Will Autonomous Box Trucks Deliver the Goods for Kroger?
Kroger is automating away. The grocery giant, which has built its fulfillment warehouse system on a robotic foundation, will now deploy three autonomous box trucks to transport orders from a Customer Fulfillment Center (CFC) in Dallas to local stores for delivery or pickup.
The cold chain-capable trucks have been designed to transport ambient, frozen and refrigerated products. Autonomous vehicles are expected to increase Kroger’s “speed and responsiveness” in fulfilling online orders and reduce its middle-mile supply chain costs. Trucks will make deliveries to local Kroger stores multiple times daily, seven days per week.
Mike Baker, head of final mile for Kroger, said in a recorded video for the launch announcement, “We’re implementing consistent automated delivery runs; we run roughly 18 to 20 hours a day. Anytime a customer wants an order, we’re there to try to deliver it to them. It’s super important to us that we’re repeatable, we’re on time, and we deliver that fresh full service that they’re looking for.”
Mr. Baker stressed the critical nature of making on-time deliveries and leveling up customer service. The use of autonomous trucks for middle mile deliveries, he said, speeds up the supply chain process and focuses Kroger’s attention even “more on the customer service side of things, which ultimately leads to a happier customer and repeat customer.”
“Kroger’s commitment to redefining service levels for its customers through innovative technology meant that our collaboration came together very quickly,” Gautam Narang, co-founder and CEO of the autonomous vehicle firm, Gatik, said in a statement. “We’re deeply familiar with operating our autonomous fleet within the Dallas ecosystem, and we’re very excited to bring that experience to support Kroger in its mission to reshape the future of goods delivery.”
Kroger, as Mr. Narang indicates, is not alone in its use of automated vehicles to improve middle-mile performance in the Dallas/Fort Worth market.
Sam’s Club last June said it was deploying automated box trucks to make deliveries of Georgia-Pacific paper goods to its 34 locations in the area. Six Class 6 trucks replaced the traditional Class 8 tractor-trailers used to make deliveries.
The Sam’s Club pilot project was part of parent company Walmart’s ongoing efforts to test autonomous vehicles for middle- and last-mile deliveries. The retailer has engaged with Gatik, Argo AI/Ford and Nuro on various pilots in recent years.
Gatik Announces Collaboration with America’s Grocer to Future-Proof Supply Chain with Autonomous Box Trucks - Gatik/Business Wire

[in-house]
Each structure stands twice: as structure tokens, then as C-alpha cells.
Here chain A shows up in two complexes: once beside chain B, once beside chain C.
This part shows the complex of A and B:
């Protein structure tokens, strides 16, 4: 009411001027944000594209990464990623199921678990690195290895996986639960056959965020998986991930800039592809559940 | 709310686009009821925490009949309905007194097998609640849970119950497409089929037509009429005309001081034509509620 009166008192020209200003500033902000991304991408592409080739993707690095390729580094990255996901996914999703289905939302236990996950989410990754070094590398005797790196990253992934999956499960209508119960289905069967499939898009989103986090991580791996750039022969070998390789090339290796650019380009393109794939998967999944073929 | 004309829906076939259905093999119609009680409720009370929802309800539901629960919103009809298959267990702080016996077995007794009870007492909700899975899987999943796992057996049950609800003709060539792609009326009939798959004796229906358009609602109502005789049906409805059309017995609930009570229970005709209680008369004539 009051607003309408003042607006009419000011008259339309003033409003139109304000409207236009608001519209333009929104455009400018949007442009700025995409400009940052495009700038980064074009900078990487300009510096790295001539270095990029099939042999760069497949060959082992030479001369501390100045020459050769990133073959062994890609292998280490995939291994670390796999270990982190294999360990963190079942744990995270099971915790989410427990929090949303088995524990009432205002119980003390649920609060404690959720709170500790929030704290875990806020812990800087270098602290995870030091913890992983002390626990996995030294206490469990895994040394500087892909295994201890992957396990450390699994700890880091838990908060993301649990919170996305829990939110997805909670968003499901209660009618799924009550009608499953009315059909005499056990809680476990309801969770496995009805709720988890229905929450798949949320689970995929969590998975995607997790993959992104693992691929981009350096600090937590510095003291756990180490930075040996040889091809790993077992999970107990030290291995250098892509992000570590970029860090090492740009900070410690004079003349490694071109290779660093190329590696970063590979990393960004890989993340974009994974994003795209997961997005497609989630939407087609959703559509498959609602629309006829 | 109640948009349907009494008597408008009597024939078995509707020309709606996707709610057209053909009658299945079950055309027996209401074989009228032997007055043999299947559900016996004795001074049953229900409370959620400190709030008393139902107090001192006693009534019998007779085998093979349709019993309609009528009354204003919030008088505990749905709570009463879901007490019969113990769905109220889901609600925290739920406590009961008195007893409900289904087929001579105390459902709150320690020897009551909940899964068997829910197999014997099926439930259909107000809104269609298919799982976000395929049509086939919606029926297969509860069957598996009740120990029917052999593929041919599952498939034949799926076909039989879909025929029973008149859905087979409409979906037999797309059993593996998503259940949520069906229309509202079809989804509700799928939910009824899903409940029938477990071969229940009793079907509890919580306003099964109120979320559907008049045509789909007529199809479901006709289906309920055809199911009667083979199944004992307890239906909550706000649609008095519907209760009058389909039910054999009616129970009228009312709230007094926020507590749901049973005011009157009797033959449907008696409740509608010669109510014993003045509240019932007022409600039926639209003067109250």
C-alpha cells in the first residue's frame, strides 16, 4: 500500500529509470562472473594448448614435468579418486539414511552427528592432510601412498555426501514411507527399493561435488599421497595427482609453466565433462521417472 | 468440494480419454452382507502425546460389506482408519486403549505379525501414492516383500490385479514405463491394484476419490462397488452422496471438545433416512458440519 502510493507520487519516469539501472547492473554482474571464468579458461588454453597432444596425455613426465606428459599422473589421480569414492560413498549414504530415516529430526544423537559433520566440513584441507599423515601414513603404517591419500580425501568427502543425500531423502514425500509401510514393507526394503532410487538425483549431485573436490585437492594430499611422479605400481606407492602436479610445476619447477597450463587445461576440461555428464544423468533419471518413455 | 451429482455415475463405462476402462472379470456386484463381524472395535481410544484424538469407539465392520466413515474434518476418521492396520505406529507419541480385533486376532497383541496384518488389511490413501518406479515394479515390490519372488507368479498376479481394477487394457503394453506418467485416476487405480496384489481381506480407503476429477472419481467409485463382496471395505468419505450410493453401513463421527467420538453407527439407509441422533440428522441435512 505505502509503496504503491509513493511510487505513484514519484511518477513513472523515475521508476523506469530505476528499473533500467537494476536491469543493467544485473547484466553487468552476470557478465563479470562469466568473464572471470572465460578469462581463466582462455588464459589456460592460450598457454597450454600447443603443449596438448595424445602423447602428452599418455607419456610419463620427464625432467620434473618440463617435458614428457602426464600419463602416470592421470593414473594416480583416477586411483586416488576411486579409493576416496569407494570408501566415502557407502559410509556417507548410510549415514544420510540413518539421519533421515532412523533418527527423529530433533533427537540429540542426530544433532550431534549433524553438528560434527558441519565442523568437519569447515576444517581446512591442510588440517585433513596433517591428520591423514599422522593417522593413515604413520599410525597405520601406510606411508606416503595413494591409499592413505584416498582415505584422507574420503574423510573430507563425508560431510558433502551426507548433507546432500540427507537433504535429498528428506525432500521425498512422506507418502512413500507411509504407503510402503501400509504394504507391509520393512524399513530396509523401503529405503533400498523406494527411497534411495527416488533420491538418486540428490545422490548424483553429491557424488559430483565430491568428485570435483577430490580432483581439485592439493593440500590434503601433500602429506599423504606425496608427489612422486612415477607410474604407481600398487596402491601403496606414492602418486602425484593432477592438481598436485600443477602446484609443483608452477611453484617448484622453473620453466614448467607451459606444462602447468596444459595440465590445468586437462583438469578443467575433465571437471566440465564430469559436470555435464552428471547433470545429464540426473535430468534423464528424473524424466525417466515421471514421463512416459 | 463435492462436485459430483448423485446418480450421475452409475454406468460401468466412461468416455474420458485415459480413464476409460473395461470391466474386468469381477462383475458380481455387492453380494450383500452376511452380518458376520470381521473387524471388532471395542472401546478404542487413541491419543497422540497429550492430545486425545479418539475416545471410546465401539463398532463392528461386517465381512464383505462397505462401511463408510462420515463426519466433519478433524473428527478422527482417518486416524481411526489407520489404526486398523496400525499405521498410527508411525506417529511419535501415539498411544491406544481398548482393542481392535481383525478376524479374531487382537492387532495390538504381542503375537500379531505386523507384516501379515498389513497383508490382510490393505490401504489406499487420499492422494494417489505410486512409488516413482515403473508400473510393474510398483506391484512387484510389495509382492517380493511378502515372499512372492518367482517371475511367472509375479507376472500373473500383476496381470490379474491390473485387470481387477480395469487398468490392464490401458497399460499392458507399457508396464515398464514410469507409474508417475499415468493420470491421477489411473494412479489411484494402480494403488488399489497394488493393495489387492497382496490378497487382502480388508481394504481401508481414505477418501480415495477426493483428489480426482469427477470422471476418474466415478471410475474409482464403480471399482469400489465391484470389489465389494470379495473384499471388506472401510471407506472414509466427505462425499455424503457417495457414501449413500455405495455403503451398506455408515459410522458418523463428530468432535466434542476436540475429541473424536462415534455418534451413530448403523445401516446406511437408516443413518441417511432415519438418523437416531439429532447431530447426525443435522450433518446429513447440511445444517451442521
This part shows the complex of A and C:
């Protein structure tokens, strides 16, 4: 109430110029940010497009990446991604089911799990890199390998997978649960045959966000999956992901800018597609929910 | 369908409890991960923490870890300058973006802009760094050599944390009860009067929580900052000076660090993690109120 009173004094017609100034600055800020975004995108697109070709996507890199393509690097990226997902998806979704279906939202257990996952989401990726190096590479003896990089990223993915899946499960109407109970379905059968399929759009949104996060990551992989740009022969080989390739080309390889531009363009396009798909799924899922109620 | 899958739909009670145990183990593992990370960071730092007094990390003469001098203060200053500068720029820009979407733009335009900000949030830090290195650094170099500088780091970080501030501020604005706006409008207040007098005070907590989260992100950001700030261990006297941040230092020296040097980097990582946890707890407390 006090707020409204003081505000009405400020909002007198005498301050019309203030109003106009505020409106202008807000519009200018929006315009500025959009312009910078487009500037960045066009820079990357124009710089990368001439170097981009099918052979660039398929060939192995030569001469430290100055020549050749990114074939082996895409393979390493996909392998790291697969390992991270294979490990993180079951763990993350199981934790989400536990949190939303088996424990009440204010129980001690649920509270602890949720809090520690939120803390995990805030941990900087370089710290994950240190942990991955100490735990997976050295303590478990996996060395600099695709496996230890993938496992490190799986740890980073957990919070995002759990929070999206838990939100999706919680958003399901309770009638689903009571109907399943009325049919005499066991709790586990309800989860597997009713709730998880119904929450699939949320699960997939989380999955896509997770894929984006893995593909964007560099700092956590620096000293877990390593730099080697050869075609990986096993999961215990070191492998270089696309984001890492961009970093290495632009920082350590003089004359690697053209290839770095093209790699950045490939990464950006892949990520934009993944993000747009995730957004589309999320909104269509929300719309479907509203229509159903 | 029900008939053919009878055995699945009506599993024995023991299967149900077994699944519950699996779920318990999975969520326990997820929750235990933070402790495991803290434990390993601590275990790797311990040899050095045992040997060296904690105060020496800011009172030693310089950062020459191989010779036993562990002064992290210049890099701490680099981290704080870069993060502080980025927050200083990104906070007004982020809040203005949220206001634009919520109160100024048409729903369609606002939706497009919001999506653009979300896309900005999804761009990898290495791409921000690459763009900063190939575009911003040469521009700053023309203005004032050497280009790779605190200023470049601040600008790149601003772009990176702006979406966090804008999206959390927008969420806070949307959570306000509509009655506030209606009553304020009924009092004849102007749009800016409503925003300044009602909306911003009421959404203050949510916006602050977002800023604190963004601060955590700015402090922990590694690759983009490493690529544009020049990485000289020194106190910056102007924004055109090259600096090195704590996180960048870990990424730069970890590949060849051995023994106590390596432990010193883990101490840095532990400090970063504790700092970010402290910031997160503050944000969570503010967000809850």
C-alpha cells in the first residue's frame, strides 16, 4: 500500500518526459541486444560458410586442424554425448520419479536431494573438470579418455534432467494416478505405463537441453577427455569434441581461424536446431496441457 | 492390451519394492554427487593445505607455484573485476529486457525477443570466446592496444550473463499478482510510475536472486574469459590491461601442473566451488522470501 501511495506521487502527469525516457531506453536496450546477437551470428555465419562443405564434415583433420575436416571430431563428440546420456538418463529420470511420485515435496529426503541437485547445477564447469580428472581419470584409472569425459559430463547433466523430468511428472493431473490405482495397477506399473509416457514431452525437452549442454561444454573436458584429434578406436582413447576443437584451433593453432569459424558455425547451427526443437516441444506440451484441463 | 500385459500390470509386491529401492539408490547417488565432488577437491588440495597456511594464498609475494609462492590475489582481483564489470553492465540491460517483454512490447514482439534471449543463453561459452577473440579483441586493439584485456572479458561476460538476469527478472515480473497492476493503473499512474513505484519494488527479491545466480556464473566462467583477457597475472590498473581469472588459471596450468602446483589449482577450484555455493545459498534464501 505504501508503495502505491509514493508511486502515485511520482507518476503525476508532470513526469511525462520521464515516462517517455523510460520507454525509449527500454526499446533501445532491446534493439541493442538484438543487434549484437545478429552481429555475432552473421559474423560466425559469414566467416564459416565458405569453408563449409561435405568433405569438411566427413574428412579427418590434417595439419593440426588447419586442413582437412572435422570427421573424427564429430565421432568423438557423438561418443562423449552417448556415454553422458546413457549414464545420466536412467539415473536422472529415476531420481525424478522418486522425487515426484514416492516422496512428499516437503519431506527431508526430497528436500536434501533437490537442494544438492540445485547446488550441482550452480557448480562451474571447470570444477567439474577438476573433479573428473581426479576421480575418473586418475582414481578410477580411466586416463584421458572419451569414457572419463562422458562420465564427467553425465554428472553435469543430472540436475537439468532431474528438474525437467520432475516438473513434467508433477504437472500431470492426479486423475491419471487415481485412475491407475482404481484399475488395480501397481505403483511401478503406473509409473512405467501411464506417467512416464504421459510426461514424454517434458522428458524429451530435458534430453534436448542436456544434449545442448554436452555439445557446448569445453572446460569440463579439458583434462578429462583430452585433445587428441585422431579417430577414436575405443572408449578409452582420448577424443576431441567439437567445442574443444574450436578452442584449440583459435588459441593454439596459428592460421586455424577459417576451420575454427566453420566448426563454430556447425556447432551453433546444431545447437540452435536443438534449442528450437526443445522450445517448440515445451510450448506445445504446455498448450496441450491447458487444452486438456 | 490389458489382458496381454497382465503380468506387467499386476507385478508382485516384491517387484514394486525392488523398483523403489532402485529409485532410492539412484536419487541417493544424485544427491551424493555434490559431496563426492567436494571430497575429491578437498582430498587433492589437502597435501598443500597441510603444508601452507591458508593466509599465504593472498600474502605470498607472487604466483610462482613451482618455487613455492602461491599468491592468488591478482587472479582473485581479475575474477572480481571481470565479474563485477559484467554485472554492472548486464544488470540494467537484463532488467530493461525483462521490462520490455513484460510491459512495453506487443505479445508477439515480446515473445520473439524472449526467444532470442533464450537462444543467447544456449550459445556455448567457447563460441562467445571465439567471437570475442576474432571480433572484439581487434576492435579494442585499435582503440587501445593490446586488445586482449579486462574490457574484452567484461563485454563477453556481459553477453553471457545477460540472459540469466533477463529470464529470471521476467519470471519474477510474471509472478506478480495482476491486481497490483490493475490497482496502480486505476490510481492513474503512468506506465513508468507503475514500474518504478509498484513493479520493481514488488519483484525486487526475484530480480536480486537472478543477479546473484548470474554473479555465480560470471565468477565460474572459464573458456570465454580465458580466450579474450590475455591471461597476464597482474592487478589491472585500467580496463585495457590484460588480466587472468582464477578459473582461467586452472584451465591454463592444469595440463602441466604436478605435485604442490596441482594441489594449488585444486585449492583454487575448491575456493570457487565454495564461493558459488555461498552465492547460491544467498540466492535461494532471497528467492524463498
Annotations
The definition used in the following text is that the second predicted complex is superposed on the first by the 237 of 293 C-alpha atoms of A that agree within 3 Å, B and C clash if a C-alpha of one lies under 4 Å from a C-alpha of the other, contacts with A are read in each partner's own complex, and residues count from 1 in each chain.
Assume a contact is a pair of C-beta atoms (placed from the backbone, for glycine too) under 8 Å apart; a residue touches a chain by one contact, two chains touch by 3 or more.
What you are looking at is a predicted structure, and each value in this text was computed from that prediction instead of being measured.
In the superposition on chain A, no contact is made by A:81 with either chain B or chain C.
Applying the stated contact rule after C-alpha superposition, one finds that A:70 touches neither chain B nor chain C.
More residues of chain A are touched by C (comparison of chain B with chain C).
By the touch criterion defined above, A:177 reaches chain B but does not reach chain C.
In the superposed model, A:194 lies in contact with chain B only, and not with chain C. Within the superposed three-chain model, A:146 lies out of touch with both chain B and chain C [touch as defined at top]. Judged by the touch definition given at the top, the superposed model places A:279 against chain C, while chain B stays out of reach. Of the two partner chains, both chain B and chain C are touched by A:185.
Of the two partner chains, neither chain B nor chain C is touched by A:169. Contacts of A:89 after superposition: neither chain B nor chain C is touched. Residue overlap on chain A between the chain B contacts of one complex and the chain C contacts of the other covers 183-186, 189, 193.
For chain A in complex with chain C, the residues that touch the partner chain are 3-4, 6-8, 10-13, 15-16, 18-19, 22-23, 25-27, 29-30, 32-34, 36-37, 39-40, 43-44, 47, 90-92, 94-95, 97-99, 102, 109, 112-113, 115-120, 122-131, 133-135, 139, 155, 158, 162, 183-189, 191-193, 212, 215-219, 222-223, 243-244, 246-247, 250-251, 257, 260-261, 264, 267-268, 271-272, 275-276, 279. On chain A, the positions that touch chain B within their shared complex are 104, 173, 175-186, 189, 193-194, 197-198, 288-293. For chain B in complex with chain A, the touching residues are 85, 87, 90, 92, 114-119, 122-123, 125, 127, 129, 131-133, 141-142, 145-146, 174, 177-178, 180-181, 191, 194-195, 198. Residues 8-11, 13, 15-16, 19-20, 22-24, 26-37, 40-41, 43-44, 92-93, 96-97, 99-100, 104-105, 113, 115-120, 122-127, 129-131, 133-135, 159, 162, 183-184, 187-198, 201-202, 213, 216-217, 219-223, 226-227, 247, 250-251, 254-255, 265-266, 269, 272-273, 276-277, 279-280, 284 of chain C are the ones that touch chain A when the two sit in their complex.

Stores? Kroger don’t need no stinking stores - RetailWire
Kroger says it will transform grocery e-commerce with ‘first of its kind’ fulfillment tech - RetailWire
Driverless trucks to keep Sam’s Club in-stock around the clock - RetailWire
Walmart is making store deliveries for the first time with driverless trucks - RetailWire
Ocado to automate Kroger warehouses in exclusive U.S. deal - RetailWire
DISCUSSION QUESTIONS: How long will it be before retailers such as Kroger and Walmart scale the use of autonomous trucks to make middle-mile deliveries? What other roles do you see for autonomous vehicles in retail operations?
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16 Comments on "Will Autonomous Box Trucks Deliver the Goods for Kroger?"
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Founder, CEO & Author, HeadCount Corporation
As long as there are no major issues during these pilot projects (i.e. headline grabbing crashes), it won’t be long before we start to see autonomous vehicles rolled out broadly by the major players. The capital investments for this type of deployment are significant and no doubt the testing and certification requirements are high. But at the massive scale at which retailers like Kroger operate, automation can/will have a significant impact on operational efficiency and cost.
Chief Operating Officer, Bloo Kanoo
This is a great example of how technology can be deployed to solve business problems. Unfortunately, I think we’re still several years from a fully autonomous delivery force because it requires a large capital investment, there are real and perceived safety concerns and, maybe most importantly, there will be political and social consequences to the use of the technology to replace humans (employment).
President and CEO, Mpro5 Inc.
The technology is intriguing and this type of automation WILL happen. The business case is too strong — take out the “human element” and watch as costs go down and service levels go up. The governing factor is the technology. Just as Mark Ryski notes, it is only one headline away from disaster. Yes the technology will happen, not for a while however — with “a while” meaning about four years at least.